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 Sample Output (Note: output not exactly interleaved.) 1: Hello, World! 1: Goodbye, World! 2: Hello, World! 2: Goodbye, World! 3: Hello, World! 3: Goodbye, World! 4: Hello, World! 4: Goodbye, World! 5: Hello, World! 5: Goodbye, World! 6: Hello, World! 6: Goodbye, World! 7: Hello, World! 7: Goodbye, World! 8: Goodbye, World! 8: Hello, World! 9: Goodbye, World! 9: Hello, World! 10: Goodbye, World! 10: Hello, World! ☞ The thread scheduler gives no guarantee about the order in which threads are executed. Moreover, there will always be slight variations in running times, especially when calling operating system services (such as input and output). Thus, you should expect that the order in which each thread gains control appears to be somewhat random.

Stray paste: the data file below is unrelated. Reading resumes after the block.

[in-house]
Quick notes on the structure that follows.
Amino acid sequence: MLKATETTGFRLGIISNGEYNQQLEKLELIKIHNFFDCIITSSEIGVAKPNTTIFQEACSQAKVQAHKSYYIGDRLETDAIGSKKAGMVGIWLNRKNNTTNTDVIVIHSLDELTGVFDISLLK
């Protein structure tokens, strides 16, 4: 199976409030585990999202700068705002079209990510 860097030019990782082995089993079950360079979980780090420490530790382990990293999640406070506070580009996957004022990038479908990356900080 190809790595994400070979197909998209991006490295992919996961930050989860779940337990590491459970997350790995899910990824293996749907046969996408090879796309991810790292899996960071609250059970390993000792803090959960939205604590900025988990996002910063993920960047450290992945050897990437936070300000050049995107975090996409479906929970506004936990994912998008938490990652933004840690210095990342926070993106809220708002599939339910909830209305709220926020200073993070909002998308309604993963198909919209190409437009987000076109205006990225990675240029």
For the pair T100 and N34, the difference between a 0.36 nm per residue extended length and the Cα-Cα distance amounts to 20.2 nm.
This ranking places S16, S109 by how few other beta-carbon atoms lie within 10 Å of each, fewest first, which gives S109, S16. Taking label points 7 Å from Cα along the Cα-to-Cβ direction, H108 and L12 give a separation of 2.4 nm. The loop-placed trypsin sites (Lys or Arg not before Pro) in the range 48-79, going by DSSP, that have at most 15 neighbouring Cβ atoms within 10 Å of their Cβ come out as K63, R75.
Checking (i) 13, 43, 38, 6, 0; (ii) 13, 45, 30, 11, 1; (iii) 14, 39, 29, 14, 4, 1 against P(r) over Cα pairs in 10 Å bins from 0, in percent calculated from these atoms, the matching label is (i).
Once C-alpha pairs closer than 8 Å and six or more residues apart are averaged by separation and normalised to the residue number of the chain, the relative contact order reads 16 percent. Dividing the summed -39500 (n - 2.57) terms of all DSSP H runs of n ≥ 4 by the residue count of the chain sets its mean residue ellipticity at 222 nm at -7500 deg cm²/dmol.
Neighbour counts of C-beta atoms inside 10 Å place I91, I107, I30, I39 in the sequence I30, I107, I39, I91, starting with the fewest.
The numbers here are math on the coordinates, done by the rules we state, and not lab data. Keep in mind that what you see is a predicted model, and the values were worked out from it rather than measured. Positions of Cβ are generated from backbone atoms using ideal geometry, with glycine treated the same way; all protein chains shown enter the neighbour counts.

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Off Campus Resources HANDOUT NYPD Sex Crimes Hotline 212-267-RAPE (24 hours) Rape Crisis and Domestic/Intimate Partner Violence Services  RAINN: Rape, Abuse & Incest Network, http://www.rainn.org/ Online Hotline provides live, secure, anonymous crisis support for victims of sexual assault, their friends, and families. The Online Hotline is free of charge and is available (24 hours) NYC Rape Crisis Hotline 212-673-3000* Safe Horizon: Rape and Sexual Assault Hotline 800-621-4673* www.safehorizon.org Safe Horizon: Domestic Violence Hotline 212577-7777* NYC Gay and Lesbian Anti-Violence Project 212714-1141* New York Women Against Rape 212-777-4000 New York Asian Women’s Center 888-888-7702* NYC Alliance Against Sexual Assault 212-229-0345 NYS Victim Information and Notification Everyday 888-VINE-4NY NYS Crime Victim’s Board 718-923-4325 Urban Justice Center: legal services & advocacy for survivors of Domestic Violence 646-602-5600, www.urbanjustice.org Women’s Survival Space (Brooklyn) 718-439-4612 Programs For Abusers  Safe Horizon Alternatives to Violence Program: Provides educational groups in English and Spanish Rape Crisis Centers (affiliated with hospitals) Bronx North Central Bronx Hospital: Sexual Assault Treatment Program 718-519-5722 Brooklyn Coney Island Hospital: Rape Crisis Program Long Island College Hospital: Rape Crisis Intervention/Victims of Violence Program 718-616-4209, or 800.tel.rape* 718-780-1459 Manhattan Beth Israel Medical Center: Rape Crisis & DV Intervention Program Bellevue Hospital Center: Rape Crisis Program Columbia Presbyterian Hospital: Domestic and Other Violence Emergencies Harlem Hospital: Center for Victim Support Mt. Sinai Medical Center: Sexual Assault Violence Intervention (SAVI) St. Luke’s Roosevelt Hospital: Crime Victims Treatment Center St. Vincent’s Hospital: Rape Crisis Program 212-4204516 Queens Elmhurst Hospital: Borough Crisis Center Queens Hospital Center 718-736-1288, 718-8833090 Staten Island St. Vincent’s Medical Center 718-876-3044 District Attorney’s Offices 76 Bronx: Crime Victims Assistant Unit: 718-590-2115